I get that we adults see iPads as obnoxious public signs of personal decadence and also as a delicious toy. I only have two friends with iPads (realistically, there is no other tablet available right now), and they both call it a "toy." In contrast to my world with my two tablet-owning friends, 25% of teens own tablets. Think about it: these are not cheap devices. A teen may be making a choice between a car and a tablet. They aren't doing that for something that is just a status symbol and a toy. This is an enormous disconnect between how technology is being used by those under 18 and how it is being used by those over 18. I'm 35, and as secure as I may be now, I have at least thirty years of work ahead of me and those teens are coming for my job.
My mother was an early adopter of the personal computer; without choice the rest of the family was as well. I remember my principal pulling me out of my fourth grade class to fix the computer in another classroom. A guy in our town had a fleet of Macintosh computers in his basement and taught an after-school class were we learned how to control the computer using Basic and how to take it apart and put it back together. I recognize that many children then, and many children today, don't have the opportunity to access cutting edge technology. However successful adults of today do have the ability to give themselves that advantage. What I'm saying is that failing to give yourself that advantage is a big mistake.
However, this isn't just about keeping your job, or about keeping up with technology. This is about the massive change in how we interact with information, that those interactions matter, and that my generation has almost completely checked out. I'll give you an example of why this disconnect matters in the real world: medical establishments are currently receiving Federal stimulus to move into Electronic Medical Records (EMR). Instead of racks of paper charts, everything is in computers.
If you talk to doctors and nurses, few are happy about this. I reviewed medical charts for a living for five years. Here is what you do when you read a medical chart: you read it in order, finding the relevant information as you go along. I was specifically trained that searching just for the information I wanted was a no-no; How do you you know what is relevant? Sure, if you are a physician following a patient for kidney disease you're going to be specifically looking for test results that give you information about the kidney status. But you may not know that the patient crushed his ankle in a car accident (increases kidney workload) and has a lingering infection that can't properly be treated because it interacts with the drug he's taking for his heart disease, which is the only available drug because another heart drug interacts with his kidney medication. And you in your experience have seen four other patients on this particular combination of drugs deteriorate and die, and you think this patient might perk up if you could get all these drugs changed to a new combination. You don't know that if you don't read the chart.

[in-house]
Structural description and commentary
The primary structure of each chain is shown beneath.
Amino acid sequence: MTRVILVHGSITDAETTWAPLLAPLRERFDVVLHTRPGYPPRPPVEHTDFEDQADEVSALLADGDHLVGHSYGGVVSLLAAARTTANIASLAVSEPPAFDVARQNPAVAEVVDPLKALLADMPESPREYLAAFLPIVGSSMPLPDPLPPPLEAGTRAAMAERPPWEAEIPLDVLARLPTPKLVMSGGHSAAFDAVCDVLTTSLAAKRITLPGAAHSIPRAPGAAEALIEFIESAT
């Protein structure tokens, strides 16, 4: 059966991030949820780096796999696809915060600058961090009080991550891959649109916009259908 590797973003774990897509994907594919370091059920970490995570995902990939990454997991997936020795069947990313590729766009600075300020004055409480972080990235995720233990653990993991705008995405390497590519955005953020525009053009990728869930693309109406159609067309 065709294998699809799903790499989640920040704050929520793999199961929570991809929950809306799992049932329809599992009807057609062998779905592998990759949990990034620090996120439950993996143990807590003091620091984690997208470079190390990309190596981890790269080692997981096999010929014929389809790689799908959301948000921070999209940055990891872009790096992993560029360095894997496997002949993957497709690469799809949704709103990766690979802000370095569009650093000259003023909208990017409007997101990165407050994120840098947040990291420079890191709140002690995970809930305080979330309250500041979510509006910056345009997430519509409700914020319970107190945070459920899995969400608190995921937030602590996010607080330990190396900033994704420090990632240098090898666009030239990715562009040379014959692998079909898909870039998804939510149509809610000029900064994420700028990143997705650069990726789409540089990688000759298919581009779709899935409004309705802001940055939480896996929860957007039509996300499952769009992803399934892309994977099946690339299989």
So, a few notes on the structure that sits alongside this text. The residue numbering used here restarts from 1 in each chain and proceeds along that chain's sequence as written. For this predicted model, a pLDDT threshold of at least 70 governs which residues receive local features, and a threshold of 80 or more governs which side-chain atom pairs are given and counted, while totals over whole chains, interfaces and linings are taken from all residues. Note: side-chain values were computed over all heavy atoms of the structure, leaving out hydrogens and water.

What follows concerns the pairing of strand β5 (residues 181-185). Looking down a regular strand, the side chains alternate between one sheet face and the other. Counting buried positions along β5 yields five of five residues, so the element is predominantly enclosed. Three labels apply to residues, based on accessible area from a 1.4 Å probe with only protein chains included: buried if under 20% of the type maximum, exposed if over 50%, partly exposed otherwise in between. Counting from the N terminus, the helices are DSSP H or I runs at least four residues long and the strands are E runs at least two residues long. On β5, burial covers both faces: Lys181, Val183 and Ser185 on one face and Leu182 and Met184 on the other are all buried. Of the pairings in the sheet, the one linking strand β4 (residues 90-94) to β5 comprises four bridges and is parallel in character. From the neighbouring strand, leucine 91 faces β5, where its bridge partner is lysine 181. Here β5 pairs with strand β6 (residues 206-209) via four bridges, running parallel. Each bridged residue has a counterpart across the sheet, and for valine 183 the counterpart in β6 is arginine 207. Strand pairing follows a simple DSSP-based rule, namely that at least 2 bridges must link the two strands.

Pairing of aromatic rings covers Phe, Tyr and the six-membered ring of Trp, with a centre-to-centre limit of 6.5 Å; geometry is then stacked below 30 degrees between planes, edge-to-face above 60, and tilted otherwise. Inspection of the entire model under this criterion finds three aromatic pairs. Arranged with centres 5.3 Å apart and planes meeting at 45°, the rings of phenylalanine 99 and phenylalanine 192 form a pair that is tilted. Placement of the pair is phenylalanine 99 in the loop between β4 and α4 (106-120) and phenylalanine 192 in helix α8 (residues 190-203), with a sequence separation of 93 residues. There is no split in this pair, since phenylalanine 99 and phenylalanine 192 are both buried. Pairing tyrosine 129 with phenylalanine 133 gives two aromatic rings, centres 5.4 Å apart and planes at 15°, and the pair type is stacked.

Here's what the EMR does: it takes that heart information and puts it in a folder about the heart. And the ankle information in a folder about the accident. And unless you know what you are looking for and, more importantly, know that it matters to the kidney visit today, you won't see it. In at least one case the information was so disjointed that the nurses feared for patient safety and boycotted the system. One of my doctors asks me to tell her if I think there's anything she should know, since she doesn't have a chart to flip through any more. You've probably already experienced the other problem, which is talking to a health care worker's back as they interact with their computer instead of with you.
It doesn't have to be this way. The technology to give medical personnel electronic charts that have the look and feel of paper charts and have the advantages of electronic charts is already here. It isn't even cutting edge. But the people who put together the specs and standards for those charts don't know how to see things differently. We have mature technology available, and mature individuals are failing to take advantage of it.
Edited 03May2011, 6:48AM